DMs Guild Review – Oath of the Fates + Path of the Hero

Paladin and Barbarian subclasses inspired by Greek Mythology.

A review copy of “Sacred Oath – Oath of the Fates” and “Primal Path – Path of the Hero” was provided by the publisher. Find more DMs Guild Reviews on my website and YouTube channel.

Support my work by using my affiliate links and pledging via Patreon.

Designed by: David Serrano

In this rare two-for-one review, I look at two Greek Mythology-inspired subclasses, the Paladin Oath of the Fates and Barbarian Path of the Hero.

Oath of the Fates and Path of the Hero can be found in the Warriors of the New World bundle, or purchased separately. I’m a big fan of offering both methods to consumers. Most players are only going to be interested in picking and choosing the few subclasses they want to play, while a DM (or a group of players) may want to grab the whole bundle.

Each subclass in the bundle is inspired by the heroes and ideals of Greek Mythology. The Oath of the Fates is a paladin subclass drawn from the classic trope of destiny, fate, and being the chosen one in a heroic adventure. As you can probably guess, that mostly manifests as bestowing disadvantage on your enemies and advantage on yourself.

The two Channel Divinity options are Seal of Destiny and Pledge of Triumph. Seal of Destiny is offensive-oriented, targeting enemies within 30 feet and forcing them to make Charisma saving throws, lest the suffer disadvantage on attacks, ability rolls, and saves for 1 minute. The interesting kicker is that it requires concentration to maintain.

On the defensive end is Pledge of Triumph, which boosts an ally (or yourself, though I wish it were ally-only to foster teamwork), granting them +1 AC, a d4 to attack rolls and saves, and an extra d4 radiant damage on attacks — effectively combining Divine Favor, Bless, and Shield of Faith into a single ability!

oath of the fates

At 7th level the Fate Paladin can effectively grant herself advantage with Guided Blade, and at 15th both Channel Divinity options become even stronger. The 20th level Avatar of Fate is underwhelming, however. A 1st level Divine Smite can be used at will without expending spell slots, and a new Fated Quarry ability marks enemies, effectively restraining them. Good stuff, but is it really good enough for 20th level?

The Path of the Hero is largely built around Bolstering Presence. Starting at 3rd level, whenever the Hero Barbarian rages, she grants temporary hit points to her allies (1 + PB) equal to her level + STR modifier. I like that the number of allies and the amount of hit points continues to scale.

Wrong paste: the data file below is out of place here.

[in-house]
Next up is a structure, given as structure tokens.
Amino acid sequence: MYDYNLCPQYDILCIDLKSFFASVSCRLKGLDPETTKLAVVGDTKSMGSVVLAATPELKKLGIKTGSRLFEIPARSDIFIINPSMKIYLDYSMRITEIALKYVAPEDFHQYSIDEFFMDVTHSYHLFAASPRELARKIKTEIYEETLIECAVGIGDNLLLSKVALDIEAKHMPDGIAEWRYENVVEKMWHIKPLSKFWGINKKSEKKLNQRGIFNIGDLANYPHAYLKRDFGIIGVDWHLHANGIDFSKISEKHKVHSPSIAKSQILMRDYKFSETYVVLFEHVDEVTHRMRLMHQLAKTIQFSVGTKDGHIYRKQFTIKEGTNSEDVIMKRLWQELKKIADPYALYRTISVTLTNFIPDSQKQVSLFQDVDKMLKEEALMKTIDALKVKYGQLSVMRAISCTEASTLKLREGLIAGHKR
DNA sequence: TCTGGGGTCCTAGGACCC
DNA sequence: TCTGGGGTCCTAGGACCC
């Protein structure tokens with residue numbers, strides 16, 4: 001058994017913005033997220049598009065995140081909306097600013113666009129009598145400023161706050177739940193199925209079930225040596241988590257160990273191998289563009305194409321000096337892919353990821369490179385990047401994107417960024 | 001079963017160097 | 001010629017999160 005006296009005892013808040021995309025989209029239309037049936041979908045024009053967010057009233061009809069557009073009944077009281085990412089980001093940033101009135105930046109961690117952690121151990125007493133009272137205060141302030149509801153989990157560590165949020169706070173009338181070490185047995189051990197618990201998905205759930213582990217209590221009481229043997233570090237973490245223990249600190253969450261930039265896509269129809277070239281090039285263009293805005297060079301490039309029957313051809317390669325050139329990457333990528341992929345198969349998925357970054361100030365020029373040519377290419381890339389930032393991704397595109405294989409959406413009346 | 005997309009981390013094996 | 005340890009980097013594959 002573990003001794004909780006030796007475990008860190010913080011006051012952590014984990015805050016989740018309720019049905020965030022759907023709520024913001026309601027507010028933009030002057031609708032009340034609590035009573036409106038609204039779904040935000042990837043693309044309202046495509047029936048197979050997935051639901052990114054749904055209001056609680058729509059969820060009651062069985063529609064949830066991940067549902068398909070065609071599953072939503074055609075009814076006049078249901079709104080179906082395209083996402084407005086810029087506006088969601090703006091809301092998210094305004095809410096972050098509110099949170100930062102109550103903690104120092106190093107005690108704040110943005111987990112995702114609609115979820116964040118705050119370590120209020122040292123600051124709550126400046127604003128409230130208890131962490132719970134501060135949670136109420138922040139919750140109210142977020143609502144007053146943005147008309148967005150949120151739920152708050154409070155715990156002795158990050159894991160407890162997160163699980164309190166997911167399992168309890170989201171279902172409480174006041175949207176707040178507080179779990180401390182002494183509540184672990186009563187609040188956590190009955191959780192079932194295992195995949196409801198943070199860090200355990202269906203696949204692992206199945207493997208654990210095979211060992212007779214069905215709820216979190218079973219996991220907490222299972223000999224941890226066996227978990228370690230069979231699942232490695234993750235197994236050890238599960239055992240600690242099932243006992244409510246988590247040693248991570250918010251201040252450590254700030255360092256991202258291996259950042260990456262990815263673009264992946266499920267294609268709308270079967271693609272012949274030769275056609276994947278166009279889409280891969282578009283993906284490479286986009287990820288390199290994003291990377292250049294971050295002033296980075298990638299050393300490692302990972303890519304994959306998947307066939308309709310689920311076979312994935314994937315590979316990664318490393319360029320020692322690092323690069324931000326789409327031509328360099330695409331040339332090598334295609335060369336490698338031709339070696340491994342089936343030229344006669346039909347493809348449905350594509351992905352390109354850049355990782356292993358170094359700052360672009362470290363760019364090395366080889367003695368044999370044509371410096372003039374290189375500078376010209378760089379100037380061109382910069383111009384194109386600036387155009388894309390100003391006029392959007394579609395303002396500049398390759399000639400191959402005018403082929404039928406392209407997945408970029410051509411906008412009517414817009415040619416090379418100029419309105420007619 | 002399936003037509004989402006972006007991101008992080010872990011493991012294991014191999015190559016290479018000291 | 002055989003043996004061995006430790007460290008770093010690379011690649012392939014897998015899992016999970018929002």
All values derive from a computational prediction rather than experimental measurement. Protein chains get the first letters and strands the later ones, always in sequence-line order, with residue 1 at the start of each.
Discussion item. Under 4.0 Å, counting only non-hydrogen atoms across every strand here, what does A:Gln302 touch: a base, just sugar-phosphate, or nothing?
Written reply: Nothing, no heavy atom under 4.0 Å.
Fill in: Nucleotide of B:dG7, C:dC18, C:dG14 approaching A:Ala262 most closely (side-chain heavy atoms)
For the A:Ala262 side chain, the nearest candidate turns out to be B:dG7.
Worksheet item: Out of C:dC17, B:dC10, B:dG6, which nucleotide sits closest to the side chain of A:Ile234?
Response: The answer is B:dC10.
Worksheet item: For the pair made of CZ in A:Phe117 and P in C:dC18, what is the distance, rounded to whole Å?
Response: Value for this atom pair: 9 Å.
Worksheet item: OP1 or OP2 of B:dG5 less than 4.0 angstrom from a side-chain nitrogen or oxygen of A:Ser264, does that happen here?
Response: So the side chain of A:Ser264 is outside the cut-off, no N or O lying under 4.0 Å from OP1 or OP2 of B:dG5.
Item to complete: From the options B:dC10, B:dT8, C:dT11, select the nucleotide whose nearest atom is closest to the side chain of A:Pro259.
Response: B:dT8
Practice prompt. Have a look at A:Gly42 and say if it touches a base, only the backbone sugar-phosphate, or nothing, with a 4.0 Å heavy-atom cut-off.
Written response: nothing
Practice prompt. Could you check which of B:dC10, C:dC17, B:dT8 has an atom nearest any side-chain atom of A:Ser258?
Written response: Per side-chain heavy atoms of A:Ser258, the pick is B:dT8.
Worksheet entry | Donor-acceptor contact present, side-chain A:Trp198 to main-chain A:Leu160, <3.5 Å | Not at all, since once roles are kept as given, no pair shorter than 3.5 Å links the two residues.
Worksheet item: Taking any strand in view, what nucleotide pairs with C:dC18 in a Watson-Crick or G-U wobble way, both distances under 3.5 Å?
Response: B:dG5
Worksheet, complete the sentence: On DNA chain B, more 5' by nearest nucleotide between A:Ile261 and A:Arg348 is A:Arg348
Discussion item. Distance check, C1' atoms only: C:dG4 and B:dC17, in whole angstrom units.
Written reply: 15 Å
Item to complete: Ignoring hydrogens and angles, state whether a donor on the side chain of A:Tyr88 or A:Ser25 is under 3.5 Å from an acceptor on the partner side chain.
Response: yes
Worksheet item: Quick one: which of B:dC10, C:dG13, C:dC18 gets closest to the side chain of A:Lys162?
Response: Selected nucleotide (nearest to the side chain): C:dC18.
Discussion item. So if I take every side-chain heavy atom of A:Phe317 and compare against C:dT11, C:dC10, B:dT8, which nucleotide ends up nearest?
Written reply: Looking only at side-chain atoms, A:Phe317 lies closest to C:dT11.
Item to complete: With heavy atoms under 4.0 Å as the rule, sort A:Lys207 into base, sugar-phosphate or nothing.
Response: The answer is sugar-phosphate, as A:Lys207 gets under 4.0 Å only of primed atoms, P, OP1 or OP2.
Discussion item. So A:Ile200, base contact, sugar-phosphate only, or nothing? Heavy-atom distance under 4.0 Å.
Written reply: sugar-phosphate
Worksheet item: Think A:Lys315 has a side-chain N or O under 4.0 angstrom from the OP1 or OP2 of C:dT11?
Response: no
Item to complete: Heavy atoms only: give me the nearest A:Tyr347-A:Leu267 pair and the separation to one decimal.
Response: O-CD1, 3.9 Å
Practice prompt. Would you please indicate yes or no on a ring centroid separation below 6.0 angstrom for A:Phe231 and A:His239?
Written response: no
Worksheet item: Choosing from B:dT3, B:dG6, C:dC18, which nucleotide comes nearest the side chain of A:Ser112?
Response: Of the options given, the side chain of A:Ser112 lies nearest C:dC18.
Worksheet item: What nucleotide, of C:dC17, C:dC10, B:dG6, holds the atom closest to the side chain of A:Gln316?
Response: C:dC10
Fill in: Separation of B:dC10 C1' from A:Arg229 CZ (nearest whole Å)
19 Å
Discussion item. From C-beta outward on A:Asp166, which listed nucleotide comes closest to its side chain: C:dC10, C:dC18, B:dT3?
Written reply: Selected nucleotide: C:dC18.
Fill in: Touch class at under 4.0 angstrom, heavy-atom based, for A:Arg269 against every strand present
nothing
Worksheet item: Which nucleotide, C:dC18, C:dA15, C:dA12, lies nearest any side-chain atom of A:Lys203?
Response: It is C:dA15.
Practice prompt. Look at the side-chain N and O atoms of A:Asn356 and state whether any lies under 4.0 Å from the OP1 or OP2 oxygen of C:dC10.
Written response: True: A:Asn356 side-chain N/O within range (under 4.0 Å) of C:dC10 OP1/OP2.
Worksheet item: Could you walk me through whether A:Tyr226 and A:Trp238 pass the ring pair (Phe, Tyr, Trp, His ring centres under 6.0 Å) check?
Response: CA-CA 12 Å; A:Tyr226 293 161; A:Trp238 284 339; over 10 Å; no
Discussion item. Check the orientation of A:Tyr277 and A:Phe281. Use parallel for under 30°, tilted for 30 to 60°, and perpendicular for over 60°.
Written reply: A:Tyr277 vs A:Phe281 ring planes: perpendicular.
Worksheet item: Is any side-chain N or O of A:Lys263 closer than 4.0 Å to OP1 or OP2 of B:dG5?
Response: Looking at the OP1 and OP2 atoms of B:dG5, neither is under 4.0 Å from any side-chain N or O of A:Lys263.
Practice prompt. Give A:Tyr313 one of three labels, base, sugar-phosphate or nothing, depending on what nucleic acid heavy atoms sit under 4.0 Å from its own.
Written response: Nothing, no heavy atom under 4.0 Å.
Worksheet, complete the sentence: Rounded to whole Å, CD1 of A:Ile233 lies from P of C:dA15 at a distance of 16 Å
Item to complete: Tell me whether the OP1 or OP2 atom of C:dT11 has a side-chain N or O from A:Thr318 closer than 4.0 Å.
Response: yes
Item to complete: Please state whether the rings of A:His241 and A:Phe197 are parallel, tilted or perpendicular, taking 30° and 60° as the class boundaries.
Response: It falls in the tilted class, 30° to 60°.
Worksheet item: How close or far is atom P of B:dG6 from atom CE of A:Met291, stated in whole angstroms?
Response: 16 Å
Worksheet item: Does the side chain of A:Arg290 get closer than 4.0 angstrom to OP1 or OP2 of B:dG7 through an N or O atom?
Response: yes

At 10th and 14th level the Bolstering Presence continues to improve, granting immunity to charm and frighten, increasing the amount of hit points, and even granting damage resistance and damage bonuses.

I’m not a fan of the 6th level feature, Terrifying Presence. When raging, enemies around you must succeed on a Wisdom save or become frightened.

So which is it, are we heroically inspiring our allies or terrifying our enemies? I find it weird that the Hero Barbarian does both at the same time. I’d also argue that frightening enemies isn’t entirely thematically appropriate to a classic Greek hero.

Both subclasses are competently designed and mostly well-balanced, with useful abilities that work particularly well as part of a team. But are they fun? Neither has features or abilities that really excite me or motivate me to play that class.

Granting buffs to the whole party when raging is awesome, but the Hero Barbarian has nothing else going on. The Pledge of Triumph for the Paladin is just a bunch of buff spells, and while granting advantage and disadvantage is very powerful and useful, it’s not terribly rewarding or visually interesting. Compare these to subclasses from Tasha’s Cauldron of Everything, which include Rogues who generate psychic blades, Druid’s with wildfire spirits, and Monks who can manifest their astral selves.

That being said, simplistic subclasses absolutely have their place in 5e, and these subclasses could make a great fit for a Greek-themed adventure.

Pros:

  • Can be purchased as a bundle or a la carte.
  • Effectively themed around Greek Mythology.
  • Well-balanced subclasses with abilities that benefit the entire party.

Cons:

  • Abilities mostly boil down to generic buffs and debuffs.
  • Terrifying Rage doesn’t fit the Path of the Hero.

The Verdict: Thematically inspired by the heroes of Greek Mythology, Oath of the Fates and Path of the Hero would make fine alternative subclasses for Mythic Odysseys of Theros, or any heroic adventure.

A review copy of “Sacred Oath – Oath of the Fates” and “Primal Path – Path of the Hero” was provided by the publisher. Find more DMs Guild Reviews on my website and YouTube channel.

Support my work by using my affiliate links and pledging via Patreon.

Author: roguewatson

Freelance Writer

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